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Reflections: Catholic Life Section (Against Divorce)

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Against Divorce & 'Remarriage'

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Against Divorce & 'Remarriage'

 

Category
Quotation

Against Divorce & 'Remarriage'

Also See: Divorce (Topic Page)

"For I hate divorce, says the LORD, the God of Israel" (Mal. 2:16)

"It was also said, 'Whoever divorces his wife must give her a bill of divorce.' But I say to you, whoever divorces his wife (unless the marriage is unlawful) causes her to commit adultery, and whoever marries a divorced woman commits adultery." (Our Lord Jesus Christ, Mt. 5:31-32)

"Some Pharisees approached [Jesus], and tested him, saying, 'Is it lawful for a man to divorce his wife for any cause whatever?' He said in reply, 'Have you not read that from the beginning the Creator 'made them male and female' and said, 'For this reason a man shall leave his father and mother and be joined to his wife, and the two shall become one flesh'? So they are no longer two, but one flesh. Therefore, what God has joined together, no human being must separate.' They said to him, 'Then why did Moses command that the man give the woman a bill of divorce and dismiss (her)?' He said to them, 'Because of the hardness of your hearts Moses allowed you to divorce your wives, but from the beginning it was not so. I say to you, whoever divorces his wife (unless the marriage is unlawful) and marries another commits adultery.'" (Mt. 19:3-9)

"The Pharisees approached [Jesus] and asked, 'Is it lawful for a husband to divorce his wife?' They were testing him. He said to them in reply, 'What did Moses command you?' They replied, 'Moses permitted him to write a bill of divorce and dismiss her.' But Jesus told them, 'Because of the hardness of your hearts he wrote you this commandment. But from the beginning of creation, 'God made them male and female. For this reason a man shall leave his father and mother (and be joined to his wife), and the two shall become one flesh.' So they are no longer two but one flesh. Therefore what God has joined together, no human being must separate.' In the house the disciples again questioned him about this. He said to them, 'Whoever divorces his wife and marries another commits adultery against her; and if she divorces her husband and marries another, she commits adultery.'" (Mk. 10:2-12)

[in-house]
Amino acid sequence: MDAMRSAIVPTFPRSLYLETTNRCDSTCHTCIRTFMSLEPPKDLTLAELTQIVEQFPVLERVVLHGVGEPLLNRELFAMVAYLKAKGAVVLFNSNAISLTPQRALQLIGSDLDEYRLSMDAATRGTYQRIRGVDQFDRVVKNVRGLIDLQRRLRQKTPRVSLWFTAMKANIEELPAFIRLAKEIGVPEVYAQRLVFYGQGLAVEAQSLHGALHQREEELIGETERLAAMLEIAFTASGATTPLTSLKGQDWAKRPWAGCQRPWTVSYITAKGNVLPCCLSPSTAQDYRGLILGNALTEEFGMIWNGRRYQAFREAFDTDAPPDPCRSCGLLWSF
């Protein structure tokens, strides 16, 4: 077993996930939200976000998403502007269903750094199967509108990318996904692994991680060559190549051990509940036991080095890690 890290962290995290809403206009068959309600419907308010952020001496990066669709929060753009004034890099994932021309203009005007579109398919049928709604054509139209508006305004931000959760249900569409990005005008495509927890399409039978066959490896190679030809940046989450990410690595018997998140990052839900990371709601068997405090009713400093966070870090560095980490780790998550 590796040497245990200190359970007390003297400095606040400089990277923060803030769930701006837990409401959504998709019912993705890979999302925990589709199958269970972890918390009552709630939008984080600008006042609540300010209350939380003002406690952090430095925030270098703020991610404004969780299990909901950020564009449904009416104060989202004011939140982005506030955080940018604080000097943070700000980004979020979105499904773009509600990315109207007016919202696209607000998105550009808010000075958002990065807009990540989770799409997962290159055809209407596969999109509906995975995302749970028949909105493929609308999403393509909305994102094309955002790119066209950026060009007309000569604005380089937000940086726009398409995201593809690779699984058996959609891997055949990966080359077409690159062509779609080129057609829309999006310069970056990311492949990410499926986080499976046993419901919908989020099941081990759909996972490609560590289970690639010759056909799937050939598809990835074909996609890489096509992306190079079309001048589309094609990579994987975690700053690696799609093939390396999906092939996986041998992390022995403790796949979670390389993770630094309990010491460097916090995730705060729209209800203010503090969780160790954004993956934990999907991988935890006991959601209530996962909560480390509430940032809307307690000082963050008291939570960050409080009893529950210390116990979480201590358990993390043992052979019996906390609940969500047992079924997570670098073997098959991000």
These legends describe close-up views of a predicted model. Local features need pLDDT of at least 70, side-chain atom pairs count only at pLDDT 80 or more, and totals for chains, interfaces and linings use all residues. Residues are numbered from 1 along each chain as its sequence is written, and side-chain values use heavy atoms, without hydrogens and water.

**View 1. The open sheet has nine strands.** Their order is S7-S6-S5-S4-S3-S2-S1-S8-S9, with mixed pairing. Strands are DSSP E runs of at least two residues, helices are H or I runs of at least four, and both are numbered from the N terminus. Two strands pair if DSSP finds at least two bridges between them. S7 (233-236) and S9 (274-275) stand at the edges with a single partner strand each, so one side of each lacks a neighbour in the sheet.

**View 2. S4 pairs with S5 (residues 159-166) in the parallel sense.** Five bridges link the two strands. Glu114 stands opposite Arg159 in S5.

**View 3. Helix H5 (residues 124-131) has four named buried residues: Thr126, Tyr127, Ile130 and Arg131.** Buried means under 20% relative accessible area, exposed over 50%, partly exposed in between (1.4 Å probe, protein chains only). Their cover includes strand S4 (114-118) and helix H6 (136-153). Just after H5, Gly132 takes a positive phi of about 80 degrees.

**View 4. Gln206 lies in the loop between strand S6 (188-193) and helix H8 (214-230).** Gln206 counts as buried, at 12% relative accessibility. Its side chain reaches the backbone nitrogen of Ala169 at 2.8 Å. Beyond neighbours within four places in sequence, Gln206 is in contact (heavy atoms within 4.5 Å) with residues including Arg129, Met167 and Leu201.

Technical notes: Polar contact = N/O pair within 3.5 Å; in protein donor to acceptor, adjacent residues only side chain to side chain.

"Everyone who divorces his wife and marries another commits adultery, and the one who marries a woman divorced from her husband commits adultery." (Our Lord Jesus Christ, Lk. 16:18)

"Can. 1118 A ratified and consummated valid marriage can be dissolved by no human power and for no cause, outside of death." (1917 Code of Canon Law)

"Can. 1141 A marriage that is ratum et consummatum can be dissolved by no human power and by no cause, except death." (1983 Code of Canon Law)

"To divorce a wife is contrary to the law of nature" (St. Thomas Aquinas, Doctor of the Church and "greatest theologian in the history of the Church")

"Divorce is born of perverted morals, and leads, as experience shows, to vicious habits in public and private life." (Pope Leo XIII)

Error CONDEMNED by Pope Pius IX in the Syllabus of Errors: "By natural law the bond of matrimony is not indissoluble, and in various cases divorce, properly so-called, can be sanctioned by civil authority." (Bl. Pope Pius IX, This proposition was condemned in the Syllabus of Errors, Dec. 8, 1864 A.D.) 

"Truth Himself says: 'What God has joined together, let man not put asunder.' He says also: 'It is not permitted to dismiss a wife, except for reason of fornication.' Who, then, can contradict this heavenly Legislator?" (Pope St. Gregory I the Great, Doctor of the Church, c. 601 A.D.)

"So long as a husband lives, be he adulterer, be he sodomite, be he addicted to every kind of vice, if she left him on account of his crimes he is her husband still and she may not take another." (St. Jerome, Doctor of the Church, c. 397 A.D.)

"To the doubts proposed to him the Supreme Pontiff, among other remarks, responds: 'The decision of lay tribunals and of Catholic assemblies by which the nullity of marriages is chiefly declared, and the dissolution of their bond attempted, can have no strength and absolutely no force in the sight of the Church...'" (Pope Pius VII, 1803 A.D.)

"[N]ot even [the Church] can ever affect for any cause whatsoever a Christian marriage which is valid and has been consummated, for as it is plain that here the marriage contract has its full completion, so, by the will of God, there is also the greatest firmness and indissolubility which may not be destroyed by any human authority." (Pope Pius XI, "Casti Connubii", 1930)